Agency Chief Rebuffs Union Over Authority to More Quickly Fire Bad Employees

EPA Administrator Gina McCarthy EPA Administrator Gina McCarthy Flickr User Chesapeake Bay Program

Misbehaving employees should be “held accountable” more quickly, the head of the Environmental Protection Agency wrote in a recent letter to a labor union, doubling down on her request for increased firing authority, which she initially pitched at a congressional hearing in June.

EPA Administrator Gina McCarthy drew the ire of the American Federation of Government Employees, which represents many EPA employees, when she told a House committee she would “welcome” legislation that enabled her to remove malfeasant workers more easily.

“Any way we can make these processes move more quickly, I’m all for it,” McCarthy told the House oversight committee. “But there is an administrative process we must follow.” Committee members had been pressing McCarthy on why serial porn watchers and a faux-CIA employee were able to stay at the agency for so long.

Karen Kellen, president of AFGE’s council representing EPA employees, wrote a letter to McCarthy in response those comments, noting that worker protections are intentionally designed to protect a non-partisan civil service. She also called for managers to perform at a higher level.

“Administrator McCarthy, we do not need to make it easier to fire employees,” Kellen wrote in July. “You need to hold your managers and senior staff accountable for their behavior. You need to take a hard look at the ‘country club’ mentality that exists within management.”

In a recent response to Kellen originally obtained by Federal News Radio, McCarthy defended her comments.

“In the context of the most serious and potentially dangerous situations of employee misconduct, I stated at the hearing that I would welcome a more timely process to terminate an employee, while protecting employee rights and due process,” McCarthy wrote. “Every employee, at every level, must be held accountable for her or his actions; no one gets a free pass.”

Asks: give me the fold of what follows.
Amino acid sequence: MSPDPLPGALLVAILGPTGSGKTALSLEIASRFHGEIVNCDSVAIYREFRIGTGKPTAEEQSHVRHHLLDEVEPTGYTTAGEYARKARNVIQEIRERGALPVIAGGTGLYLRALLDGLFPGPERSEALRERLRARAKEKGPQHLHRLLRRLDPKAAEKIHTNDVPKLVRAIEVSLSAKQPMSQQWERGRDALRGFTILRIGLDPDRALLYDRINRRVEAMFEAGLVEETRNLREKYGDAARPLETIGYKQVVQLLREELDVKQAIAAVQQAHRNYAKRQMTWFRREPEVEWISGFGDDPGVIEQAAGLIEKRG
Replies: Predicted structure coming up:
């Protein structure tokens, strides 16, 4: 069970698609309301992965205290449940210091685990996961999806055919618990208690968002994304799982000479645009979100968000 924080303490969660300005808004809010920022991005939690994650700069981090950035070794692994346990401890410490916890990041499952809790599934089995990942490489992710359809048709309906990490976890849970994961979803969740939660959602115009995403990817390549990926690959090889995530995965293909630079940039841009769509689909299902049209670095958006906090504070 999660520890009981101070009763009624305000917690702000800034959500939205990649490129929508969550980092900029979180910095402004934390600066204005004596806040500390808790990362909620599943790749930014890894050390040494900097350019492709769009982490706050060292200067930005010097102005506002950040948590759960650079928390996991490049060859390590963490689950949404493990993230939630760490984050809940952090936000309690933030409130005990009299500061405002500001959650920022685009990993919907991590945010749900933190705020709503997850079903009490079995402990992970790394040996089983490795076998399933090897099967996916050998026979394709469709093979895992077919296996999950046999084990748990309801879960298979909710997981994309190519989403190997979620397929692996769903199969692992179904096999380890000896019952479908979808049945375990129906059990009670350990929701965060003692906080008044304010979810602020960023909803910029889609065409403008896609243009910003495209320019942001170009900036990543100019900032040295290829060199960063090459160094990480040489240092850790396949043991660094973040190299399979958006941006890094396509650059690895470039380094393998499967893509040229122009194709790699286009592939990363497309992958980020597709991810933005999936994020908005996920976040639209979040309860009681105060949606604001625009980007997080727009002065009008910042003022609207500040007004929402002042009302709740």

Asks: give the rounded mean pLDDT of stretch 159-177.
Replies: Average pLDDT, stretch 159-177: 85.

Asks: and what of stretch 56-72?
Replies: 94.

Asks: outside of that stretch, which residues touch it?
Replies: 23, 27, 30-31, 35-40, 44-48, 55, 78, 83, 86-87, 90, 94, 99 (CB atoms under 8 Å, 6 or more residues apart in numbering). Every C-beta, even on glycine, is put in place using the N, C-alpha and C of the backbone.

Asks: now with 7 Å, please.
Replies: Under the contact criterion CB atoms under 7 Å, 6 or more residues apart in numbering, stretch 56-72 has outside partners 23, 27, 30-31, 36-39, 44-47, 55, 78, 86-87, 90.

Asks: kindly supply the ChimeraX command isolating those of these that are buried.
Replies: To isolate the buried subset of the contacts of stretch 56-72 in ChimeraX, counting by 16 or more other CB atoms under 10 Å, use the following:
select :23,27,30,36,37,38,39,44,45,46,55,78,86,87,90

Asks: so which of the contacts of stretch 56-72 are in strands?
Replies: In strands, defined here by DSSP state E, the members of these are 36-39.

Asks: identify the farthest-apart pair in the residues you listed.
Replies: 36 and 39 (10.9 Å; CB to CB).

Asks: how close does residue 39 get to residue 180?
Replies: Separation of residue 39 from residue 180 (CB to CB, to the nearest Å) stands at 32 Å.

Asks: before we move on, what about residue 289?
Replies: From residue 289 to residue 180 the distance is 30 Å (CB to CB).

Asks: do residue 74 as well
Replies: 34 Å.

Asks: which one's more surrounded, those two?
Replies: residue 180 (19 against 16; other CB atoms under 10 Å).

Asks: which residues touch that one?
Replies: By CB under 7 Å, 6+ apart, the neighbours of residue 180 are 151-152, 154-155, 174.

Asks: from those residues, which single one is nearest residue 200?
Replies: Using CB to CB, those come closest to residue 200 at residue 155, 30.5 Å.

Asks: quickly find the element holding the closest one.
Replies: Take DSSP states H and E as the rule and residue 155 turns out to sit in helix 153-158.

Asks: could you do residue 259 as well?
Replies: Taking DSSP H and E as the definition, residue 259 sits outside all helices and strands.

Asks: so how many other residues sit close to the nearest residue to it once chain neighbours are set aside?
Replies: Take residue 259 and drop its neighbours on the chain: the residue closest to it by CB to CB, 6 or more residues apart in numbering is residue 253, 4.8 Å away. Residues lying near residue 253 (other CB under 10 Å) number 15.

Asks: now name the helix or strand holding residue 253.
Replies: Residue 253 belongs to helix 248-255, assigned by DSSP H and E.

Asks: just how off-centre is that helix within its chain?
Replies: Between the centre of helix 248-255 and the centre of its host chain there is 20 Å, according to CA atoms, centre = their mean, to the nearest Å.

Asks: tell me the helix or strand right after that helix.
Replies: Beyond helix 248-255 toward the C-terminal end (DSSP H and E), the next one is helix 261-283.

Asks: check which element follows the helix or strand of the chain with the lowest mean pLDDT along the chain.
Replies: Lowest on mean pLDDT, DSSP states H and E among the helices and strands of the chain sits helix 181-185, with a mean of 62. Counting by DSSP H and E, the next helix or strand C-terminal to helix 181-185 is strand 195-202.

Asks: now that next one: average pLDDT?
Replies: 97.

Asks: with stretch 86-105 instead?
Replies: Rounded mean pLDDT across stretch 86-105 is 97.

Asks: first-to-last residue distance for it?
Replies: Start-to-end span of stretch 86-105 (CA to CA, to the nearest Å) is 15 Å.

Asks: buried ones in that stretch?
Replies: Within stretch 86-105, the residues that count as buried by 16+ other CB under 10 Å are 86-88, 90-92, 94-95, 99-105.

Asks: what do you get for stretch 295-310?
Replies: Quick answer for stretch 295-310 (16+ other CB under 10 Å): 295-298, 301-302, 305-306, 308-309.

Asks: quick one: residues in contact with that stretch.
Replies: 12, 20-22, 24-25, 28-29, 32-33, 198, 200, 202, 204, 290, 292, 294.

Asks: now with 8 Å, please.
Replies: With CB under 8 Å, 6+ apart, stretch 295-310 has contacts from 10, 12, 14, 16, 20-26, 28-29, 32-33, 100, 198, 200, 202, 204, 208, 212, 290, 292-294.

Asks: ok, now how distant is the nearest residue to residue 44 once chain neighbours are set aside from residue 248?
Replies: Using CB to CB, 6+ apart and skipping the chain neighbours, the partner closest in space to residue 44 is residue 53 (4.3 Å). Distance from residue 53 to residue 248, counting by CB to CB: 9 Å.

She added that she is committed to making the EPA a good place to work, and reaffirmed the agency’s “commitment to fostering the type of organization our dedicated and hardworking employees deserve.” She also pledged to provide EPA with “the leadership necessary to ensure that commitment,” and to continue to work with unions on a range of workforce initiatives.  

Despite the recent string of mischievous behavior, the EPA firing rate for discipline or performance has remained well below that for the federal government as a whole. The agency has fired about one in 1,000 employees each of the past five years, while the governmentwide rate is five times that. The EPA workforce has shrunk nearly 9 percent since 2009, however, one of the highest attrition rates of any government agency in that period.

(Image via Flickr user Chesapeake Bay Program)

Stay up-to-date with federal news alerts and analysis — Sign up for GovExec's email newsletters.
FROM OUR SPONSORS
JOIN THE DISCUSSION
Close [ x ] More from GovExec
 
 

Thank you for subscribing to newsletters from GovExec.com.
We think these reports might interest you:

  • Sponsored by G Suite

    Cross-Agency Teamwork, Anytime and Anywhere

    Dan McCrae, director of IT service delivery division, National Oceanic and Atmospheric Administration (NOAA)

    Download
  • Data-Centric Security vs. Database-Level Security

    Database-level encryption had its origins in the 1990s and early 2000s in response to very basic risks which largely revolved around the theft of servers, backup tapes and other physical-layer assets. As noted in Verizon’s 2014, Data Breach Investigations Report (DBIR)1, threats today are far more advanced and dangerous.

    Download
  • Sponsored by One Identity

    One Nation Under Guard: Securing User Identities Across State and Local Government

    In 2016, the government can expect even more sophisticated threats on the horizon, making it all the more imperative that agencies enforce proper identity and access management (IAM) practices. In order to better measure the current state of IAM at the state and local level, Government Business Council (GBC) conducted an in-depth research study of state and local employees.

    Download
  • Sponsored by Aquilent

    The Next Federal Evolution of Cloud

    This GBC report explains the evolution of cloud computing in federal government, and provides an outlook for the future of the cloud in government IT.

    Download
  • Sponsored by LTC Partners, administrators of the Federal Long Term Care Insurance Program

    Approaching the Brink of Federal Retirement

    Approximately 10,000 baby boomers are reaching retirement age per day, and a growing number of federal employees are preparing themselves for the next chapter of their lives. Learn how to tackle the challenges that today's workforce faces in laying the groundwork for a smooth and secure retirement.

    Download
  • Sponsored by Hewlett Packard Enterprise

    Cyber Defense 101: Arming the Next Generation of Government Employees

    Read this issue brief to learn about the sector's most potent challenges in the new cyber landscape and how government organizations are building a robust, threat-aware infrastructure

    Download
  • Sponsored by Aquilent

    GBC Issue Brief: Cultivating Digital Services in the Federal Landscape

    Read this GBC issue brief to learn more about the current state of digital services in the government, and how key players are pushing enhancements towards a user-centric approach.

    Download

When you download a report, your information may be shared with the underwriters of that document.